The countdown to boxing's expected fight of the year, the junior-welterweight fight between Manny Pacquiao and Ricky Hatton, is less than one month away and promoters are already dreaming of more than 1 million pay-per-view buys, a flood of visitors to Las Vegas and a packed arena.
Meanwhile, with far less acclaim in a Montreal arena tonight, (Showtime, 10:45 p.m. Pacific, tape-delayed), two other junior-welterweight world championship belts will be unified when unbeaten Palm Springs fighter Timothy Bradley (23-0) meets New Jersey's Kendall Holt (25-2).
"I want people to realize who the champions are, two young guys putting on a fight that boxing needs: a 50-50 fight either of us could win," said Bradley, who won the World Boxing Council's junior-welterweight title last May by defeating England's Junior Witter in his home country and has defended the title once.
Holt is the WBO junior-welterweight champion.
But what has become remarkably clear in the attention given to Pacquiao-Hatton and Bradley-Holt is the chasm that exists between popularity and world-title belts.
Bradley-Holt "will be a terrific fight, and both of those guys could compete well versus Manny and Ricky," said Bob Arum, Holt and Pacquiao's promoter. "But, you know . . . that's why the fight's up in Montreal. They can't sell tickets, baby."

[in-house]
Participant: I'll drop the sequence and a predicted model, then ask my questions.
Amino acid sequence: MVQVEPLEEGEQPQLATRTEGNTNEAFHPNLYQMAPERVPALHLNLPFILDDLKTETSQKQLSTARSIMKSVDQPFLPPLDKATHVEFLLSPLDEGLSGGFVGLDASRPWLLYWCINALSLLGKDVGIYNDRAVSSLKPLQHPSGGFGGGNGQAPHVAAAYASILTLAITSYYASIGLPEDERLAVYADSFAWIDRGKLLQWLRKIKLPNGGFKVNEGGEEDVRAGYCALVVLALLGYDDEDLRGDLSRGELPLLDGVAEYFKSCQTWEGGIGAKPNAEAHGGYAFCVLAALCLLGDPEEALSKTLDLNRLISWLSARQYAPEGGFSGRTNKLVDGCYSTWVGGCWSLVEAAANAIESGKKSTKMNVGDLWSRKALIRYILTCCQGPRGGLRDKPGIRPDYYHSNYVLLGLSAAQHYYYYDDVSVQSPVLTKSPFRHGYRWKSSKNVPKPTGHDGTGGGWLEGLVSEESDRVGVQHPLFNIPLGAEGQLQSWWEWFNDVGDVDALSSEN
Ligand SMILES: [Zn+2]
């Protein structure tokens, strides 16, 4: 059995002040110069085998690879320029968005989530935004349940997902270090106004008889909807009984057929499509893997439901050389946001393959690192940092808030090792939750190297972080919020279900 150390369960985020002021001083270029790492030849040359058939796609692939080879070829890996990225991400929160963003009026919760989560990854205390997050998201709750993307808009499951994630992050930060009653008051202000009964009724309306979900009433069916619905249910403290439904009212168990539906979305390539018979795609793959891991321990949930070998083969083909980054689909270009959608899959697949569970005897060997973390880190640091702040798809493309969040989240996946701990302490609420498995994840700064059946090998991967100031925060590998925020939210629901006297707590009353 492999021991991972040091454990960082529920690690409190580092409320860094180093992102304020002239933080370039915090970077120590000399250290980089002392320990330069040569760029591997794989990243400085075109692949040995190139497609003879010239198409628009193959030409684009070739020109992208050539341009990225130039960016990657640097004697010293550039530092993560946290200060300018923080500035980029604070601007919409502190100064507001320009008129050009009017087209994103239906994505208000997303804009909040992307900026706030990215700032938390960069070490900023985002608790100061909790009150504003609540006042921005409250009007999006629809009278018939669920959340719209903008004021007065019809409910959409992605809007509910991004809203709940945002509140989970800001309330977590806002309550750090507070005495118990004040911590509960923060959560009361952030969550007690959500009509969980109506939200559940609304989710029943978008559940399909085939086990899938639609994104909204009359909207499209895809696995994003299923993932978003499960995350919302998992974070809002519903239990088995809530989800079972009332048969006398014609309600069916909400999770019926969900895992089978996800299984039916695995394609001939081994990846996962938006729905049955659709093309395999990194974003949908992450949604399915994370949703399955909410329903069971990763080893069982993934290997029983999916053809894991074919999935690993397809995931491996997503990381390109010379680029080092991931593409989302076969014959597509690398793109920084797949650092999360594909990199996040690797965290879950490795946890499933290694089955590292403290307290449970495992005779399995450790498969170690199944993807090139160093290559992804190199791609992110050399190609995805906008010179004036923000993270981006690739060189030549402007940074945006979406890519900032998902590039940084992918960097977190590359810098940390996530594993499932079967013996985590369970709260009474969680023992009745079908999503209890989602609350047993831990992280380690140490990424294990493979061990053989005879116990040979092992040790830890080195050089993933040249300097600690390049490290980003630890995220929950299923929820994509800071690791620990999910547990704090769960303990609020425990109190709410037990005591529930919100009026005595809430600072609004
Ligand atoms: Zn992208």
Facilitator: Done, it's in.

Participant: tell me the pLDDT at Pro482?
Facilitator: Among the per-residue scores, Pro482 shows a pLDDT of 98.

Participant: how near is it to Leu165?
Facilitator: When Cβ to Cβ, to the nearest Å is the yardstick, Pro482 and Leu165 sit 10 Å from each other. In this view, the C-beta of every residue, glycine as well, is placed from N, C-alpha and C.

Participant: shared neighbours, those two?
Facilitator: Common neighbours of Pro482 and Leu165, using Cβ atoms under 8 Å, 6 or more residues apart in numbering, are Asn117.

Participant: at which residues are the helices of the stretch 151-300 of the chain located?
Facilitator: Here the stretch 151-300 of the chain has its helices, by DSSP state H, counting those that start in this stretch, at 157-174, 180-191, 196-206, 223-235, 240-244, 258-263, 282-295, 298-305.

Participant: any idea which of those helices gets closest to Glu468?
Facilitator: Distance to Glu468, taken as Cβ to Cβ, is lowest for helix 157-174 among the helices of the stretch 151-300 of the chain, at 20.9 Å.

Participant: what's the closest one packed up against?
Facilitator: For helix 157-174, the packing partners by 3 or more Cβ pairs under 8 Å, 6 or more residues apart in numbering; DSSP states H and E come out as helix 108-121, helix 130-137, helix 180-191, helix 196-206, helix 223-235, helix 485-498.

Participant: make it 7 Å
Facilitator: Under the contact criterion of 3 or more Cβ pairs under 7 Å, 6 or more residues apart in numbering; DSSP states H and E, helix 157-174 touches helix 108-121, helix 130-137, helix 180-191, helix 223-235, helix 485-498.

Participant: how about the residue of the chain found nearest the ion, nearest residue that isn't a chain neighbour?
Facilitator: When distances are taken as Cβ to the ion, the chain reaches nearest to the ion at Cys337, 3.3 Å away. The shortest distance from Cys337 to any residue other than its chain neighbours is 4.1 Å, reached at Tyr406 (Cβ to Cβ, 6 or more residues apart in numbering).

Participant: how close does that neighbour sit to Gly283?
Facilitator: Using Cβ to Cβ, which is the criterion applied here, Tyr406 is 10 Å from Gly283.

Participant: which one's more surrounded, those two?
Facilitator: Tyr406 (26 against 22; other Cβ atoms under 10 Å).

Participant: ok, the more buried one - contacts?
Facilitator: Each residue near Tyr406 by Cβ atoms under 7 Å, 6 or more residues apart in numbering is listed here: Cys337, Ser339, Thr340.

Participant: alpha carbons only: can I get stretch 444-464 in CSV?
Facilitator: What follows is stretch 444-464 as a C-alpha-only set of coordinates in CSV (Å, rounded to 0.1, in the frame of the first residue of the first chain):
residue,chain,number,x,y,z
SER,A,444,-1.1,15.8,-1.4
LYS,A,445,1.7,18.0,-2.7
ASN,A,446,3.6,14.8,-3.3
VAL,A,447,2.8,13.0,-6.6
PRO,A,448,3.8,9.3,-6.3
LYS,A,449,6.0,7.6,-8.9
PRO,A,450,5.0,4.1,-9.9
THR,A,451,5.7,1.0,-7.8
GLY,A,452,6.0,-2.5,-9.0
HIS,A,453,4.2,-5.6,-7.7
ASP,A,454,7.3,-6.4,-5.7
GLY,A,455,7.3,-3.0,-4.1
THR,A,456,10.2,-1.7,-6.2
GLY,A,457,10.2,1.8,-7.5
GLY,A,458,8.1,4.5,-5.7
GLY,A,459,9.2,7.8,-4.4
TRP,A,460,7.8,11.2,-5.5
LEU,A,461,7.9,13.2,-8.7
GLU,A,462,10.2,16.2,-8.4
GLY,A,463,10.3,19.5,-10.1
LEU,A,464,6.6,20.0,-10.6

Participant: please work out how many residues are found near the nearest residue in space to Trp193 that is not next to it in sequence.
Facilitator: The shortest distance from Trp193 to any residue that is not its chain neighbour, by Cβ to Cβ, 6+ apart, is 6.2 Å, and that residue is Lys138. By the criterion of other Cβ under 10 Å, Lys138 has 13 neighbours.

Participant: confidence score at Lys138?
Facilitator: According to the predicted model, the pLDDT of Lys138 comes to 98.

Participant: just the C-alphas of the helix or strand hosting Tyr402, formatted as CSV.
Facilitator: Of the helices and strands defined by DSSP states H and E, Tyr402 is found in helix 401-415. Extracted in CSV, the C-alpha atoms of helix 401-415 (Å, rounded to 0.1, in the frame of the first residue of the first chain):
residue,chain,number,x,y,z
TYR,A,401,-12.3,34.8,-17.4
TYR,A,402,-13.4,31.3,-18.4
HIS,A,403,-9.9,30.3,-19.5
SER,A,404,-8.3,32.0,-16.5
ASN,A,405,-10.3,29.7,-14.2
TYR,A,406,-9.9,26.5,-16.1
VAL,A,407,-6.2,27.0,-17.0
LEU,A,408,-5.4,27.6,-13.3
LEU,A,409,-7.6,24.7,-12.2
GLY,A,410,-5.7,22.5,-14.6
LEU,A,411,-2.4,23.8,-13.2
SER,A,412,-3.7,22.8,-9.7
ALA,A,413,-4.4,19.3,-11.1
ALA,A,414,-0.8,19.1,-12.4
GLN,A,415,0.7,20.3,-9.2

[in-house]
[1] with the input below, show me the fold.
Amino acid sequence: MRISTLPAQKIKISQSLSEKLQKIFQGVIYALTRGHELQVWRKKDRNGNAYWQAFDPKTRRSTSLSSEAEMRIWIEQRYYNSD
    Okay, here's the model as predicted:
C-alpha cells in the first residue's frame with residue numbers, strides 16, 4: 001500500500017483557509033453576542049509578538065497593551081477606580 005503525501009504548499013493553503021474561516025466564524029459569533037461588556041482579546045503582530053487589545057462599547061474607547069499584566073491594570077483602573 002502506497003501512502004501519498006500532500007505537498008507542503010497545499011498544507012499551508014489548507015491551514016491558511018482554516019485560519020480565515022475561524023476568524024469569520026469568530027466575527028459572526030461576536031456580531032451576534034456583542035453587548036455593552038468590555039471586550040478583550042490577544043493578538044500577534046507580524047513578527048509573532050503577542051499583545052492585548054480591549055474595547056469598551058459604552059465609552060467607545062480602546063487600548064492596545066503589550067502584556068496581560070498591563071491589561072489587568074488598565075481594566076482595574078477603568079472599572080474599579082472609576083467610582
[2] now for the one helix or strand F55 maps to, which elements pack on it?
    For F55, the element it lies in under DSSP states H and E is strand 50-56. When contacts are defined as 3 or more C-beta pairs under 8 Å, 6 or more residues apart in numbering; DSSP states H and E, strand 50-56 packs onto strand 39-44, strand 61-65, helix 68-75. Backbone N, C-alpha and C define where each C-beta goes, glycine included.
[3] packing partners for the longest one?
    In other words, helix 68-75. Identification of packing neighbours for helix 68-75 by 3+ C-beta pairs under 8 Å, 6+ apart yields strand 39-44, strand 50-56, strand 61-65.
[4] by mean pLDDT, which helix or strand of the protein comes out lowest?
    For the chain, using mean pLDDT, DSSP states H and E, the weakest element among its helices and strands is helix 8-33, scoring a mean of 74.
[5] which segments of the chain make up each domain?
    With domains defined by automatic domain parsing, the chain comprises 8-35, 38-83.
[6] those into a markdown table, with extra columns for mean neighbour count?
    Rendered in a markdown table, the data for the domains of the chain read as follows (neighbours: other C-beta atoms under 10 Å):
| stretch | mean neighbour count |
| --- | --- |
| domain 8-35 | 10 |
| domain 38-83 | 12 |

The charismatic Filipino Pacquiao and Englishman Hatton expanded their national fan bases into international stardom by engaging in numerous memorable brawls: Pacquiao with Erik Morales, Juan Manuel Marquez and Oscar De La Hoya; and Hatton against Kostya Tszyu, Jose Luis Castillo and Floyd Mayweather Jr.
Meanwhile, Bradley, 25, was fighting in a bout at a Corona warehouse as recently as 2007.
He was raised around gangs in North Palm Springs, showing a short temper, disrespect to authority and aggression that landed him at the Palm Springs Boxing Club.
"I thought I was invincible," Bradley said. "Realizing someone could kick my butt -- I got my nose busted, and some bad headaches in that gym -- helped me."
Bradley finally got his act together at Cathedral City High School, where his father, Timothy Sr., worked as a security guard and drove him to school each morning.
A pro fighter since he was 18, Bradley has only 11 knockouts to show after 23 pro fights. But his punching speed and tactical skills leave him confident against Holt.
"I'm a lot shorter than him and just as quick, so I'll be able to get underneath him and make him uncomfortable," Bradley said. "It all depends on how hard he hits. If he really kicks, we'll see, but I like my chances. It's a pick-em fight. If you like the boxer-counterpuncher, go with Holt. If you want the hungrier fighter, take me."
Arum says it's "sad but true," that even a memorable slugfest between Bradley and Holt may not boost either fighter's recognition.
"Who are they going to bring in?" Arum asked. "Hispanic fighters more easily create a big fan base than inner-city kids."
Bradley argues that proving his talent is world-class will win followers.
"Both [Pacquiao and Hatton] were in this position before, these are the steps you have to go through -- proving to people they can believe in you," Bradley said. "I understand we're not the big stars yet. Kendall Holt and I are more like a little twinkle in everyone's eyes, but we're looking to make a statement now, so people can say, 'Watch out for this kid.' "